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4 Critical Steps to Improving Your Interview Process

Allie Kelly

Improving Your Interview Process

Job interviews: Frankly, a lot of people are intimidated by them. With the way they’re often performed, it’s easy to see why. There’s nothing inherently fun about being grilled about your weaknesses or having to distill years of complicated work experience into snappy sound bites. Let’s face it, not many people are excited about the interview process.

Bad interview processes will turn off candidates from working at your company. Good interviews will have them excited about the role, and your company, and leave them hoping they get the job.

Here are several steps for improving your interview process:

Stop asking about weaknesses

Far and away, “What’s your biggest weakness?” is the job interview question candidates hate most, HR expert Liz Ryan wrote in an article for Forbes.

Asking interviewees what their biggest weakness is really isn’t any of a hiring manager’s business, she maintains. It’s an invasive and even rude question that undercuts the fact that no one really has weaknesses, but rather a set of unique talents. No one can be good at everything, and that’s okay – what the interview should focus on is exploring a candidates natural talents. Besides, it’s awkward, and will lead candidates to give you an answer that isn’t honest, but merely one that’s pre-rehearsed to be a strength cleverly disguised as a “weakness.”

Be a considerate host

Everyone can probably tell you a story about a job interview where they arrived at the office amidst chaos. They’ve sat in the waiting room for half an hour and then had a harried manager conduct their interview while his mind was noticeably elsewhere. It doesn’t take much imagination to think this kind of experience would ward off a candidate from taking a job at your organization.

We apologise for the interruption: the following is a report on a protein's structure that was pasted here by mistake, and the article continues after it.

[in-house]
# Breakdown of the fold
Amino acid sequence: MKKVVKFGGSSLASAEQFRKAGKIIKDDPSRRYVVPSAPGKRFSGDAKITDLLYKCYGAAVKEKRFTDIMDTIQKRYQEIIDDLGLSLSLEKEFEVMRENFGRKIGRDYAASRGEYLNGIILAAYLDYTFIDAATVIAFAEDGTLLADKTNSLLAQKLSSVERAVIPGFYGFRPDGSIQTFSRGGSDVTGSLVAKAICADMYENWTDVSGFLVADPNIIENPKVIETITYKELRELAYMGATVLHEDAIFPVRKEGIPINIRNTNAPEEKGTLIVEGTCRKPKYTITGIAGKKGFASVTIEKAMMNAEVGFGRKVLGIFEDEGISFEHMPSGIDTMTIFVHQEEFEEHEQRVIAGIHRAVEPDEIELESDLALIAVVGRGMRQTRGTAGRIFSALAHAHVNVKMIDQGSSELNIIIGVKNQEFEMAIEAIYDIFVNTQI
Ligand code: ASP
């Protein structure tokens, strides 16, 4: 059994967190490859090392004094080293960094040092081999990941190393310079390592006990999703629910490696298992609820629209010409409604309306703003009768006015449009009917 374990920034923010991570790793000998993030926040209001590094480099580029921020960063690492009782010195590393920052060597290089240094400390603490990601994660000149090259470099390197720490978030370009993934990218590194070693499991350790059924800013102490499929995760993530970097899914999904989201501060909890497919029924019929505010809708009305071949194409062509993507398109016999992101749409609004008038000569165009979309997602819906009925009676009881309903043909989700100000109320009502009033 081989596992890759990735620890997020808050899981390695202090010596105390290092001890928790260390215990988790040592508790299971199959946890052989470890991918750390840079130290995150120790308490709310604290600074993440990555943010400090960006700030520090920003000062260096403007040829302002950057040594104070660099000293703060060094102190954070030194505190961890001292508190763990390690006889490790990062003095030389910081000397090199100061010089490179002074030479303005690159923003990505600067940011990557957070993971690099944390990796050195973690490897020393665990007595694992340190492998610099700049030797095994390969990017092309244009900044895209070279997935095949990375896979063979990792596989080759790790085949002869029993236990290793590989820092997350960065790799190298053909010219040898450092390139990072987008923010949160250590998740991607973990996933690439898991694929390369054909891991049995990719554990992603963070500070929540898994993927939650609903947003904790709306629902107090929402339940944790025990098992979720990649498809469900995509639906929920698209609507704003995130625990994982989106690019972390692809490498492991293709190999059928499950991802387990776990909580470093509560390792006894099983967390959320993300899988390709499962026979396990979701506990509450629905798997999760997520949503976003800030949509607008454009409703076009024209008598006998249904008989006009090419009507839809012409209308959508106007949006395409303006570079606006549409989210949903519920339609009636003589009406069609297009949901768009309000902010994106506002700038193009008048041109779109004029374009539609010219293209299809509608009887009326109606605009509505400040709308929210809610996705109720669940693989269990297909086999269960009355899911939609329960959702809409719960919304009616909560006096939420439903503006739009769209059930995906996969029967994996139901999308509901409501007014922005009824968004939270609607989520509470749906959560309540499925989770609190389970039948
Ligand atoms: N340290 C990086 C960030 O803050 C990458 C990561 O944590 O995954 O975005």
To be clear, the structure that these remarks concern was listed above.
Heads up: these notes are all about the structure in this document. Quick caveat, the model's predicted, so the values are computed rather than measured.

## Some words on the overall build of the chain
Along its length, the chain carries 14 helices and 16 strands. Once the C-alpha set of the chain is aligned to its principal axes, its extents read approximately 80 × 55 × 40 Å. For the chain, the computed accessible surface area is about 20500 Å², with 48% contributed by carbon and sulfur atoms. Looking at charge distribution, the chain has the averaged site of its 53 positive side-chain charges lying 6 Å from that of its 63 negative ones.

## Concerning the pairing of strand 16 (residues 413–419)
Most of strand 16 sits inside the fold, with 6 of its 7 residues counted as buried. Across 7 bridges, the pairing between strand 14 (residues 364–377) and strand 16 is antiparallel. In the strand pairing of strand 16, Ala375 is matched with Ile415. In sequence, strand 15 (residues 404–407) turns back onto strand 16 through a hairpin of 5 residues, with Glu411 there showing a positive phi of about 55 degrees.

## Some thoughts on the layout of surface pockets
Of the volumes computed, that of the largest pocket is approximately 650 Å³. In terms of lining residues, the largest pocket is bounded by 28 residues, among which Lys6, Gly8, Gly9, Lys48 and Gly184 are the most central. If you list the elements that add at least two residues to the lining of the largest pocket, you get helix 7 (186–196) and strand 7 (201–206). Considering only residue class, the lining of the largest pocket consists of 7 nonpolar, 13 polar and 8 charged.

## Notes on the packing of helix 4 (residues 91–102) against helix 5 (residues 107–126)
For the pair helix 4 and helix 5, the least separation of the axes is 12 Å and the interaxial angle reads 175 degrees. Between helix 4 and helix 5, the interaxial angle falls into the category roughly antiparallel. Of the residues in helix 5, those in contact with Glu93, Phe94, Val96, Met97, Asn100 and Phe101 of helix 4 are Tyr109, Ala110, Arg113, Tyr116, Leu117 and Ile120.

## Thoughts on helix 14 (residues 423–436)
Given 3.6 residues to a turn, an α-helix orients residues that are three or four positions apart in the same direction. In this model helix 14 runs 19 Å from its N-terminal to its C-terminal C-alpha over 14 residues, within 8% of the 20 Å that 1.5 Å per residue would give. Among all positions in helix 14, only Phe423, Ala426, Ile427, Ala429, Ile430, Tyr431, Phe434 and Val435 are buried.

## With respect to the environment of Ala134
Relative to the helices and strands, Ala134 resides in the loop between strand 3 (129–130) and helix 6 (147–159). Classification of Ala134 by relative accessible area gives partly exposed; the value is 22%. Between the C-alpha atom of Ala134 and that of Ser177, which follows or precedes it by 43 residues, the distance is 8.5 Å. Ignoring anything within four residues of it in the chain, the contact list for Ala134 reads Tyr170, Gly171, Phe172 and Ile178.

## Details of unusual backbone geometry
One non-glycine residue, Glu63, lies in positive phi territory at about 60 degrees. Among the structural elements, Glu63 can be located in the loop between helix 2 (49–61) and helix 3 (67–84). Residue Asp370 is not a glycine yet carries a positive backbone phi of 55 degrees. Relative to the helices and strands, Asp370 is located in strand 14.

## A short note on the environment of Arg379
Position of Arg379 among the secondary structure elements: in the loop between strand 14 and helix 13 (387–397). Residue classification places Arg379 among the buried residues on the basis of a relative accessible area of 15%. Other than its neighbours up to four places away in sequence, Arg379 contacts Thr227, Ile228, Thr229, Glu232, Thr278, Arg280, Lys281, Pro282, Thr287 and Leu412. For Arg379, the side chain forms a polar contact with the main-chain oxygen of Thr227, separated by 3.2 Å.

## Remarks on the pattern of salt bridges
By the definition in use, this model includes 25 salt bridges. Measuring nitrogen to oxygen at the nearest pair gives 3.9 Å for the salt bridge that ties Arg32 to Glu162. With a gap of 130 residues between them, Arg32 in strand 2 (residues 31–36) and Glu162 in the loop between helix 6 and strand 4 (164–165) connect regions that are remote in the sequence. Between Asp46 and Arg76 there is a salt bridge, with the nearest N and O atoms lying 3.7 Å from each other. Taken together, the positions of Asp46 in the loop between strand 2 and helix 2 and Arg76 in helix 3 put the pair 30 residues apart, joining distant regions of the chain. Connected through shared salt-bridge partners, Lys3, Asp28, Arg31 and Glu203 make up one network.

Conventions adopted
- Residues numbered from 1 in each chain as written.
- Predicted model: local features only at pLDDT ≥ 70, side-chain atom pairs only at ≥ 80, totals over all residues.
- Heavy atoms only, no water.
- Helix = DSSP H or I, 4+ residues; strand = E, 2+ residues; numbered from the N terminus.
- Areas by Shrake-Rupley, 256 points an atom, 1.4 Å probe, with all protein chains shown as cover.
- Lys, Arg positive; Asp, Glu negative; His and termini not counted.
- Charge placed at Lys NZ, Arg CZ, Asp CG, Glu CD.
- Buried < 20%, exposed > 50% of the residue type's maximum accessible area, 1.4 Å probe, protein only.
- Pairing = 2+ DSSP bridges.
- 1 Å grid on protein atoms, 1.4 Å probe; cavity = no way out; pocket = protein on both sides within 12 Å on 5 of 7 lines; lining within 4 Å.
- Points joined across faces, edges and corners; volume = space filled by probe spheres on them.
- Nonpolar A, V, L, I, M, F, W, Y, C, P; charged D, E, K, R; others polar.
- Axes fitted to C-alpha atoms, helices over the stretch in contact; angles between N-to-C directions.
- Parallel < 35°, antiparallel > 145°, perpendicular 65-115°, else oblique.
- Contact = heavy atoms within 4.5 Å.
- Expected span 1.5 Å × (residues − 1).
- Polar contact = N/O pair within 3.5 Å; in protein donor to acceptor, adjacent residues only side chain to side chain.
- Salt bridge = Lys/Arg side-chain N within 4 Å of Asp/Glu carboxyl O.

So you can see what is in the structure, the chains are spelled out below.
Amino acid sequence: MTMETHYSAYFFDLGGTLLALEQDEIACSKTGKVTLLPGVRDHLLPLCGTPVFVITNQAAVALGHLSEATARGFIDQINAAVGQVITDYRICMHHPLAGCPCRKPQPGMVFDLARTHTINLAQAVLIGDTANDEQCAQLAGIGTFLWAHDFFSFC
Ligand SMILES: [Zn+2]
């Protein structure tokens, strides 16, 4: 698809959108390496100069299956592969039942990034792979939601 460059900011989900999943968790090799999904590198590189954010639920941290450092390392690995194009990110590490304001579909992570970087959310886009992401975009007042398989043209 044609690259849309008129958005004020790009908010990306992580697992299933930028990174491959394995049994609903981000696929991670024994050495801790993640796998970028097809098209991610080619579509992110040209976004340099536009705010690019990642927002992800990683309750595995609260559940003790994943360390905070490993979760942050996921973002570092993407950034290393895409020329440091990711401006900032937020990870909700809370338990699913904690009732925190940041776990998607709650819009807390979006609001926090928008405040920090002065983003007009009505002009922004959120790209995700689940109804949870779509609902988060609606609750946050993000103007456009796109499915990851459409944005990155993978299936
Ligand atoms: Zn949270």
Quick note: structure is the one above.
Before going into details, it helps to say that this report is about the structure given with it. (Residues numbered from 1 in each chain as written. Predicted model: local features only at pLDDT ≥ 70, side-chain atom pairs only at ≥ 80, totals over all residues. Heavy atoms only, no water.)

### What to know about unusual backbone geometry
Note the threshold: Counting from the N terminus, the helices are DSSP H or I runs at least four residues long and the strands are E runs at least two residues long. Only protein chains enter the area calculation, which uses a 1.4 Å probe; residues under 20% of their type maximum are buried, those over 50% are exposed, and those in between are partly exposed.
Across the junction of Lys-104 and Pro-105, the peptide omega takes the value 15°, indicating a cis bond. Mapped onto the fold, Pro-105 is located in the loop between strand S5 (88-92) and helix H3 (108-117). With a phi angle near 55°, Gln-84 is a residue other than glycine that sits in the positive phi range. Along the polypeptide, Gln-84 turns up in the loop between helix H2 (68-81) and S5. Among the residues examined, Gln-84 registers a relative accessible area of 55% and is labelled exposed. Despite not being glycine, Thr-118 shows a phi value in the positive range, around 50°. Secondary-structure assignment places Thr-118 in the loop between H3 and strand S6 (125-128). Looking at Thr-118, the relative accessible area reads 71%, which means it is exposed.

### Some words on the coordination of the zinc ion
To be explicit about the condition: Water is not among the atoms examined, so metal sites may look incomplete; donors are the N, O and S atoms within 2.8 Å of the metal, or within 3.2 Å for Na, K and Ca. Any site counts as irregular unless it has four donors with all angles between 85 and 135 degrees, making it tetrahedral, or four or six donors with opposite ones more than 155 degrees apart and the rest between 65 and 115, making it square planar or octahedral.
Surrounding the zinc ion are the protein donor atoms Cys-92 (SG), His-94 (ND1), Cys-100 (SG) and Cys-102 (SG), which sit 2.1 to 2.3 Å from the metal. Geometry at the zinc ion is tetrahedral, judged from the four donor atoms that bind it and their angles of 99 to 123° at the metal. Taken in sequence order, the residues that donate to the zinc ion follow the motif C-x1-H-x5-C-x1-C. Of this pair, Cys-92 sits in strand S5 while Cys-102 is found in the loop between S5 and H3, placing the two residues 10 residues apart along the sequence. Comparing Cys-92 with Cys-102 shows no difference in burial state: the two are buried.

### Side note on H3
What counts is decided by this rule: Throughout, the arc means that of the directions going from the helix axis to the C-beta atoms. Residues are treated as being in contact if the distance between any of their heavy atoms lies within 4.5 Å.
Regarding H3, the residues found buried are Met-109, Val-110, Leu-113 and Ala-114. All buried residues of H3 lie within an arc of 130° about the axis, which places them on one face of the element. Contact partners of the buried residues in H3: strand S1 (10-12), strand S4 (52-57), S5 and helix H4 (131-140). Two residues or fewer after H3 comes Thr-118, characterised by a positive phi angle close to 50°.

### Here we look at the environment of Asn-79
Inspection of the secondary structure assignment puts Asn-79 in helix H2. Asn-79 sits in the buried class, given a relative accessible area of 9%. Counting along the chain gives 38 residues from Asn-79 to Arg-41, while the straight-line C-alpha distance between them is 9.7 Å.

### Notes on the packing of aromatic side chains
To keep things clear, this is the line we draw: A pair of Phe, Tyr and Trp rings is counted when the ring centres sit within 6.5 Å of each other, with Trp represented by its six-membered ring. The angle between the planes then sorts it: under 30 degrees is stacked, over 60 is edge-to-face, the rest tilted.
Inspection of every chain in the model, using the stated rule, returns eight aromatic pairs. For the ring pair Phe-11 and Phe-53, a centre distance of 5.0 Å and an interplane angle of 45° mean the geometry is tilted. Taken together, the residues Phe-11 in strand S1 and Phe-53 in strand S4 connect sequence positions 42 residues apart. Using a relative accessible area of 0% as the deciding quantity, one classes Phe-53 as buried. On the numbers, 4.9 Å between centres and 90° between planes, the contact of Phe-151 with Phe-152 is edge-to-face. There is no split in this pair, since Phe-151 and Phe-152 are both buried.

That’s why it’s important to go out of your way to be a considerate host during the interview process. As Entrepreneur magazine recommends, you should:

  • Offer the candidate a glass of water or coffee.
  • Introduce him or her to staff.
  • Provide a tour of the office.
  • If the candidate is interviewing with multiple people, give them a schedule. Ensure he or she knows the names and titles of everyone and how they relate to the job role.

These actions create a great impression on candidates and can put their nerves at ease.

Ask open-ended questions

Skip the canned questions that every interviewer asks and instead ask questions that require critical thinking and internal reflection. In an article for Wired magazine, Laszlo Bock, senior VP of People Operations at Google, recommends asking a mix of behavioral and situational questions. Behavioral questions showcase a person’s achievements in past roles, while situational questions explore how they would act in hypothetical circumstances.

Examples of open-ended questions to ask include, as suggested by Bock:

  • Can you tell me about a time you had difficulty working with someone and how you overcame the issue?
  • Can you tell me about a time you behaved in a way that had a positive result for your team?

Allow plenty of time for the candidate to ask questions

Remember, while you’re interviewing the candidate, they’re also interviewing you. Allowing candidates to ask questions gives them a sense for if they want to be a part of your company. It also allows you to see how engaged they are in the process, and how prepared they are for the meeting.

With the tips above, interviews don’t have to be painful. They can be productive, insightful experiences for both candidate and hiring manager.
What steps have you taken toward improving your interview process?

Allie Kelly


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